That I remained on Board the Ship instead of going in the Boat with the Captain.
That I was at first alarmed, & afraid of going into the Boat, I will not pretend to deny; — but that afterwards I wished to accompany the Cap'tn., & shou'd have done it, if I had not been prevented by Thompson who confined me below by the Order of the Master of Arms (Churchill) is clearly proved by the Evidence of several of the Witnesses, as thus — The Boatswain says, that just before he left the ship, I went below, & in passing him said something about a Bag, (it was that I wou'd put a few Things into a Bag & follow him;) the Carpenter says, he saw me go below at this Time, & both the Boatswain, & Carpenter say, that they heard Churchill call to Thompson to keep them below. — The Point therefore will be to prove, to whom this Order "keep them below" wou'd apply. — the Boatswain & Carpenter say they have no Doubt of its meaning me as one; & that it must have been so, I shall have very little Difficulty in shewing by the following Statement.—
There remained on Board the Ship after the Boat put off
Mr. Hayward and Mr. Hallet have proved that the following Men were under Arms (Viz't.) Christian, Hilbrank, Milward, Barket, Muspratt, Ellison, Sommer, Smith, Young, Skinner, Churchill, McKoy, Quintal, Morrison, Williams, Thompson, Mills, & Brown in all
Which makes the Number of armed Men
None of which we may reasonably suppose were ordered to be kept below indeed Mr. Hayward says that there were at the least eighteen of them upon Deck when he went into the Boat, & if Thompson the Centinal upon the Arm-Chest be added to them, it exactly agrees with the Number above named. there remains then to whom Churchill's Order "keep them below" might apply. — (Viz't.)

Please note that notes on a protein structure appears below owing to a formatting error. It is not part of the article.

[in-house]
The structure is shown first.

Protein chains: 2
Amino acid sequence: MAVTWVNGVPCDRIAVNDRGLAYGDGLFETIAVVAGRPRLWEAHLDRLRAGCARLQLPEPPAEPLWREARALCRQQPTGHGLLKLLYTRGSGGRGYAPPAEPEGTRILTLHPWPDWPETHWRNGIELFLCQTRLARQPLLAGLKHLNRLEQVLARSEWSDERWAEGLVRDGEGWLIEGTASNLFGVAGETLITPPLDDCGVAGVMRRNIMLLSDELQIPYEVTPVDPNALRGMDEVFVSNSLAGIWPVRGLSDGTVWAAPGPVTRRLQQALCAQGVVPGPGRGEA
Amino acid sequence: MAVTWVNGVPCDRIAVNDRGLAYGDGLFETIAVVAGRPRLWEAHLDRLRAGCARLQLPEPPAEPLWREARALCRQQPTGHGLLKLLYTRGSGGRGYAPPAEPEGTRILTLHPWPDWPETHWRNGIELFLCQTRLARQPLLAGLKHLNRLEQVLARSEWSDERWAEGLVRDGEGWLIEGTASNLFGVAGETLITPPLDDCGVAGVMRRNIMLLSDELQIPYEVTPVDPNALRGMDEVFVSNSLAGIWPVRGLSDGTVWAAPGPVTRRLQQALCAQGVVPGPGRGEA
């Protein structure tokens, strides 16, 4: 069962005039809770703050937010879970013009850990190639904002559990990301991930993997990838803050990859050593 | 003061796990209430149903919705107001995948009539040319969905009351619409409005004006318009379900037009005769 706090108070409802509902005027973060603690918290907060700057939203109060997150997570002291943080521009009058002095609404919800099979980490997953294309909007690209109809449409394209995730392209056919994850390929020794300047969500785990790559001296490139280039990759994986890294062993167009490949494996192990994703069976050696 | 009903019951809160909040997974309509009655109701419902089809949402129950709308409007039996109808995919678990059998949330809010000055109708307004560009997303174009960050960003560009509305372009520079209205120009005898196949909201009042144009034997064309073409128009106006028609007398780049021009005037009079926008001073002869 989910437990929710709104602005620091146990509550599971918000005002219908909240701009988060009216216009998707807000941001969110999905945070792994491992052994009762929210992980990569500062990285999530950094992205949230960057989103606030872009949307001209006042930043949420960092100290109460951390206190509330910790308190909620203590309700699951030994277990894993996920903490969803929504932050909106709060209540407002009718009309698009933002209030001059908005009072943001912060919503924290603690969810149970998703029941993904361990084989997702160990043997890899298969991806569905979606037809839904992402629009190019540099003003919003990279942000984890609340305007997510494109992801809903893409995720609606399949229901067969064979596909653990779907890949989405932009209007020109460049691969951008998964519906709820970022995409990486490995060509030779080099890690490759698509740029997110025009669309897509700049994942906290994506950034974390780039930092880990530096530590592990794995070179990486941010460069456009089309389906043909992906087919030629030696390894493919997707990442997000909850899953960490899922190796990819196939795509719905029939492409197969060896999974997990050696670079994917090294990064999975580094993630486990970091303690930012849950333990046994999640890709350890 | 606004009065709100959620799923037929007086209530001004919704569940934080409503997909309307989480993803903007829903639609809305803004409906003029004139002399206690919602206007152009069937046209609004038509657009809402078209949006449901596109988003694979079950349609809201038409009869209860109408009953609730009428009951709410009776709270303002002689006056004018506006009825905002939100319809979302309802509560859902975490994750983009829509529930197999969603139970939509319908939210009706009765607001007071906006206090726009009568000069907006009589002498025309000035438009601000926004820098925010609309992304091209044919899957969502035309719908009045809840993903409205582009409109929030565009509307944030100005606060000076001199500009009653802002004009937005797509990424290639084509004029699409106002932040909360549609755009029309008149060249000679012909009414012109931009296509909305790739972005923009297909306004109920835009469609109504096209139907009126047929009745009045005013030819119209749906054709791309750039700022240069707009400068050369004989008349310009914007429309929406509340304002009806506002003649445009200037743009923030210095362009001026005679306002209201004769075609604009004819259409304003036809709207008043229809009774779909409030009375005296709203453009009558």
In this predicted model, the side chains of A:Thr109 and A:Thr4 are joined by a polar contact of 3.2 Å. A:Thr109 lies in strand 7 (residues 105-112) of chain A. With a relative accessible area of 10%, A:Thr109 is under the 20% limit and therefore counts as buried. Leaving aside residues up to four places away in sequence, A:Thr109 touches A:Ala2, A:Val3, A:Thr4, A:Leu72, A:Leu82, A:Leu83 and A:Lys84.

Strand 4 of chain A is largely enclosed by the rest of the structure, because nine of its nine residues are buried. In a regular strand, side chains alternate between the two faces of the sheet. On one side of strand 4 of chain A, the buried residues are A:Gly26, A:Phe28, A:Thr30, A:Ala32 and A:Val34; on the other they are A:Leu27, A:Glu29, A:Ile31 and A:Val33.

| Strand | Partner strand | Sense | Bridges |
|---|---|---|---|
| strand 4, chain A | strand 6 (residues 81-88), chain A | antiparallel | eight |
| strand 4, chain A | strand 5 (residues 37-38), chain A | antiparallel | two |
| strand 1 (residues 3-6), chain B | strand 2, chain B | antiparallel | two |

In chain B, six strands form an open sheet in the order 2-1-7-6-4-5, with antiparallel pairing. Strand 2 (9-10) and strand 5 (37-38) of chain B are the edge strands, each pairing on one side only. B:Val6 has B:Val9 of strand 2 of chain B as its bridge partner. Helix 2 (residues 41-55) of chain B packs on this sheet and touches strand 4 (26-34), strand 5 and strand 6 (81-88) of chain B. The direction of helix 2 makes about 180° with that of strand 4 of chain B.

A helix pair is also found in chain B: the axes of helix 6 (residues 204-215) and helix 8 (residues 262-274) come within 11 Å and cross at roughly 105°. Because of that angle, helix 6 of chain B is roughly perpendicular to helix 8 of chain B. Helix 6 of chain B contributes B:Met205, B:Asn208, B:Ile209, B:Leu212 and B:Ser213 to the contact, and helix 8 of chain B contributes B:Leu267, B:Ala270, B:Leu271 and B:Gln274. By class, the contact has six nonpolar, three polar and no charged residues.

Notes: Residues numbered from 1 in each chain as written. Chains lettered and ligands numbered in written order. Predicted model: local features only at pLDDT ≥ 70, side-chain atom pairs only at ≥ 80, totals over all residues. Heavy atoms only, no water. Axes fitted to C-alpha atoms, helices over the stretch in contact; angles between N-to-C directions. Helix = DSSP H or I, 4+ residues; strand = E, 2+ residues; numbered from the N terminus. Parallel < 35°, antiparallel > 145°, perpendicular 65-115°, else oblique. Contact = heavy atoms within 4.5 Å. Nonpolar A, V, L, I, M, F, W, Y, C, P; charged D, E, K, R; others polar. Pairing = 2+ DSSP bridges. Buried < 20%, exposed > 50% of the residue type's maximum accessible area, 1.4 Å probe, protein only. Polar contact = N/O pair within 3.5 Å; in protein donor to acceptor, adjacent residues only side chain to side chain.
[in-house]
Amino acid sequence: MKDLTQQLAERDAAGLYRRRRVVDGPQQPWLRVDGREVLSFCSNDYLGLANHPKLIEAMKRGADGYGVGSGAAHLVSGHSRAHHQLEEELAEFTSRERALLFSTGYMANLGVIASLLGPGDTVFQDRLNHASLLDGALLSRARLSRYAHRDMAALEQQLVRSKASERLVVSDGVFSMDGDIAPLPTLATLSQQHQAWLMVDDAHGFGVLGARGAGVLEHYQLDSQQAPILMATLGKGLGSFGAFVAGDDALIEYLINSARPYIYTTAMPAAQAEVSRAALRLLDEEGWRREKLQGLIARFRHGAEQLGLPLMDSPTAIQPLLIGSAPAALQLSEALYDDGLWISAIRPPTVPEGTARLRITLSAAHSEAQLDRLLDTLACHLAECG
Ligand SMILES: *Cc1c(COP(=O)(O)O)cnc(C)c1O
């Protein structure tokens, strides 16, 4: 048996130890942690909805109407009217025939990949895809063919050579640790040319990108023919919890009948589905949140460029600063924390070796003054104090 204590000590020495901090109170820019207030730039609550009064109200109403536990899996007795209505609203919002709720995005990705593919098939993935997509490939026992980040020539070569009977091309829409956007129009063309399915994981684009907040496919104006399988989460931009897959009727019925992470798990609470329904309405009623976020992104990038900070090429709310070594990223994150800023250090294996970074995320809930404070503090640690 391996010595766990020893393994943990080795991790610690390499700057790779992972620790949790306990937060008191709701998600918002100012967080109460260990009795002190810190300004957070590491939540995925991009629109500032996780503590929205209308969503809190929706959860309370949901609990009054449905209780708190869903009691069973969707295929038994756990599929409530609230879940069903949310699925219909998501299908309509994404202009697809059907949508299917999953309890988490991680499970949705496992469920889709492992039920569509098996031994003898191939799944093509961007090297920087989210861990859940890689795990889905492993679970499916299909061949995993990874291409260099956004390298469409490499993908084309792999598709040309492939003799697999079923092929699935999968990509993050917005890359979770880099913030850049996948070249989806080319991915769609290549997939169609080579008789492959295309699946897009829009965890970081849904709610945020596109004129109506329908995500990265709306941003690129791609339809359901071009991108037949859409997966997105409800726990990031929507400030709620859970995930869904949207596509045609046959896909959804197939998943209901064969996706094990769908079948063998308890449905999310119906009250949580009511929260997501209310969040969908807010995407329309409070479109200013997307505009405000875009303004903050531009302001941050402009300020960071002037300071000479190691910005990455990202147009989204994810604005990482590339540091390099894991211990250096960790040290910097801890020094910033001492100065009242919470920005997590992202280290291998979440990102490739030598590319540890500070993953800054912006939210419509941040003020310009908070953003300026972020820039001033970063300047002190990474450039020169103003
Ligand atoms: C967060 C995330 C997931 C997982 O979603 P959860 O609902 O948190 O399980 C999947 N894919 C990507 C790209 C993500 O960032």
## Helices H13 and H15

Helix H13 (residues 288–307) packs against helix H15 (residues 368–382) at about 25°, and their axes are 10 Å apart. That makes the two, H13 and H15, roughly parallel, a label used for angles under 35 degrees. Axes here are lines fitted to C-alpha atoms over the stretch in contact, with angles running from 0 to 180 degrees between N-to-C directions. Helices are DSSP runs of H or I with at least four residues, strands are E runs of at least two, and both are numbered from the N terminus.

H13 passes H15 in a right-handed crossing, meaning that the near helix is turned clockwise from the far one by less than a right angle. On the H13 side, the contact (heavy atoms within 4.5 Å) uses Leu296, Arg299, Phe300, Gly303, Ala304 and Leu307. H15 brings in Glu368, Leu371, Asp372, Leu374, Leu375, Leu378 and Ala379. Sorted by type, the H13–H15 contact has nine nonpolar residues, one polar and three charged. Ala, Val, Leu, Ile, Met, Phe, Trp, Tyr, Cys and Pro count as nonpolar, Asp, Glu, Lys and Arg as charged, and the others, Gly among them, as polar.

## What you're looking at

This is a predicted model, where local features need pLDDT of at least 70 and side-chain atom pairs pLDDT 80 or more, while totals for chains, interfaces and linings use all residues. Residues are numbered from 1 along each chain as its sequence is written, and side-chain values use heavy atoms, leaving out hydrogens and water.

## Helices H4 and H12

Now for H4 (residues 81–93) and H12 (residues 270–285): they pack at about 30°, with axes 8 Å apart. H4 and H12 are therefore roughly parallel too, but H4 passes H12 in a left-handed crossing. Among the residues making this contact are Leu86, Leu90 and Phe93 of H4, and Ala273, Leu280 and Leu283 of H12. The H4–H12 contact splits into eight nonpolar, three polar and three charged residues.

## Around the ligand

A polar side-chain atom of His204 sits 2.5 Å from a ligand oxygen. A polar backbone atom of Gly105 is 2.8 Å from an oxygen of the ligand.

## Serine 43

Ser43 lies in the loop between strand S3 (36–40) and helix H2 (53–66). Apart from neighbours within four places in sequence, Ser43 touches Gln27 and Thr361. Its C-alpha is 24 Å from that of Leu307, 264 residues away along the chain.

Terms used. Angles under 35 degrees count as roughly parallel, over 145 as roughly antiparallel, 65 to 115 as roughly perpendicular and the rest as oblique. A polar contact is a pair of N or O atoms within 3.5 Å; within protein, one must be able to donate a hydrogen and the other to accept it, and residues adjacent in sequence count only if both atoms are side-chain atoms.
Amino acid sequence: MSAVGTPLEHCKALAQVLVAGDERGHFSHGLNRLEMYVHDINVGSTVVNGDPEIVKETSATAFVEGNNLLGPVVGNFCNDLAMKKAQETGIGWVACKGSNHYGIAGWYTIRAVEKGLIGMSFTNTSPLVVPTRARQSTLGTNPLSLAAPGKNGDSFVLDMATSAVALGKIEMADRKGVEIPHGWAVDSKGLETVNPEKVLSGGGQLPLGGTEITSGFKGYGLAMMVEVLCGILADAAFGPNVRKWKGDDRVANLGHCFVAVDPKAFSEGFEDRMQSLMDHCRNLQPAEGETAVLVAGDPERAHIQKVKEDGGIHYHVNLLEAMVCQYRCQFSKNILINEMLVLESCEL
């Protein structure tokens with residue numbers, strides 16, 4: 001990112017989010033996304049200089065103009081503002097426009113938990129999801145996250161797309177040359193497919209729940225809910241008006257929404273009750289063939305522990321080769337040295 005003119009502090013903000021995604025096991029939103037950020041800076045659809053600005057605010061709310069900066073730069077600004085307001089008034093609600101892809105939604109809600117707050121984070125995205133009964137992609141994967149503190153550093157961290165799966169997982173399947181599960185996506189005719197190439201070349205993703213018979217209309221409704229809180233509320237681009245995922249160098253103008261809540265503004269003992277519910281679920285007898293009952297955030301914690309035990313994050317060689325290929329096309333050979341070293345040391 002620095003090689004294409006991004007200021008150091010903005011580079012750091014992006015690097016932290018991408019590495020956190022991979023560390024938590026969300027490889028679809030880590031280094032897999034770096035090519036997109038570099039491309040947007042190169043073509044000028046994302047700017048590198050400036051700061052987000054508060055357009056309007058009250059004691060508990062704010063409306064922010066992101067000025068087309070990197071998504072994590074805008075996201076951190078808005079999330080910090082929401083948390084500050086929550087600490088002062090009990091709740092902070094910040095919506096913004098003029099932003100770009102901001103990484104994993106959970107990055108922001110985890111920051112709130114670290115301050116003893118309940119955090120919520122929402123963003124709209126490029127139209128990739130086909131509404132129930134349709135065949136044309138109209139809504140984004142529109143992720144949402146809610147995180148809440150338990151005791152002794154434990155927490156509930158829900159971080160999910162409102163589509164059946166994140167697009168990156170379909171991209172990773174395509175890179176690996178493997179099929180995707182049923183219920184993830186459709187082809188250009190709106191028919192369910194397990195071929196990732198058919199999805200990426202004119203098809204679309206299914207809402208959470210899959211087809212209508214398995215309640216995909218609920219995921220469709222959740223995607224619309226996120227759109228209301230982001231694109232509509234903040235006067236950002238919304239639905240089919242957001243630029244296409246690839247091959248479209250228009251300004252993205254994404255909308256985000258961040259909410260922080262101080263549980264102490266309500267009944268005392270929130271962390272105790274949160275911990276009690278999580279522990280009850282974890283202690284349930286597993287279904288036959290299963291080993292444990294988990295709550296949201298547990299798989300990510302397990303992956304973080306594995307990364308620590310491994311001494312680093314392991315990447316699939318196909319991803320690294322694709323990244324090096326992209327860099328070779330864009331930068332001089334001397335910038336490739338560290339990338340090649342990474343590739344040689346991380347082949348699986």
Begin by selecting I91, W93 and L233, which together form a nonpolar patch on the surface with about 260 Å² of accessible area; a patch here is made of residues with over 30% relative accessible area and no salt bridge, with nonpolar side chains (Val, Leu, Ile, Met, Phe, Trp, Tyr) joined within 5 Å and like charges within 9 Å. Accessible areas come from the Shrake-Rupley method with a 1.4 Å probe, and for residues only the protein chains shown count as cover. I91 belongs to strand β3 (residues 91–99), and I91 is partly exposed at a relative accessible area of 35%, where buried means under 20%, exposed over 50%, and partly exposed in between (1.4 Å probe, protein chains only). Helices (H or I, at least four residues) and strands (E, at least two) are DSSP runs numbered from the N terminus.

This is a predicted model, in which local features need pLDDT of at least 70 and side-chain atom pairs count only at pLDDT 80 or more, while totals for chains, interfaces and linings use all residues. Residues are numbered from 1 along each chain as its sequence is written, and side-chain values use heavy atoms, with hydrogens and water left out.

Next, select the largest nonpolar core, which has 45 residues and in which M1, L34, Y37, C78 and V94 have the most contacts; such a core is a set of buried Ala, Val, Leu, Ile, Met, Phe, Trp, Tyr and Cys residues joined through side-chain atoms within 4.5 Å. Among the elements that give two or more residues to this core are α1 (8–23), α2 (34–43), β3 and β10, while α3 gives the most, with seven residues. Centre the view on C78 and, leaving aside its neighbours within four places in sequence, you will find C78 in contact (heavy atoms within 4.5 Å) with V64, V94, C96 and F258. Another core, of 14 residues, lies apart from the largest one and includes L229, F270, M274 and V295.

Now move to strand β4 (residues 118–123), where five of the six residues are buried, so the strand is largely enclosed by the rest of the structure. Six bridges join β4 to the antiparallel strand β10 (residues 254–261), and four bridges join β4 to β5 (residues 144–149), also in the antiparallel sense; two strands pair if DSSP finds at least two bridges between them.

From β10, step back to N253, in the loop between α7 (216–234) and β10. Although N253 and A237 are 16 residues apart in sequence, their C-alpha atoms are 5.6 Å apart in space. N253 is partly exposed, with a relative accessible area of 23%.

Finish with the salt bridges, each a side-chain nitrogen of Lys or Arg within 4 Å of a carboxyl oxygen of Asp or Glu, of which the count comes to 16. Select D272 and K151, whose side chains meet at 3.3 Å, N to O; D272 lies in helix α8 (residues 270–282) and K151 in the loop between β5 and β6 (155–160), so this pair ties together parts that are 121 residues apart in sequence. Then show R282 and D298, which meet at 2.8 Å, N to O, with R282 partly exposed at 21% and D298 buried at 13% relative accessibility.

Could Byrne have been one of them? — No — for he was in the Cutter alongside. — Cou'd Coleman have been one of them? — No — for he was at the Gang-Way when the Cap'tn. & Officers went into the Boat, & aft upon the Taffrail when the Boat was veered Astern. Cou'd Norman have been one of them? — No — for he was with Coleman speaking to the Cap'tn. & Officers to take Notice that they were not concerned in the Mutiny. It cou'd then have applied to Nobody but Mr. Stewart & myself: & by this Order of Churchills therefore was I prevented from going with the Cap'n in the Boat.
The foregoing appears to me the most material Points of Evidence on the Part of the Prosecution, — my Defence being very full, & the Body of Evidence in my favor too great to admit of Observation in this concise Manner, I shall refer for an Opinion thereon to the Minutes of the Court-Martial.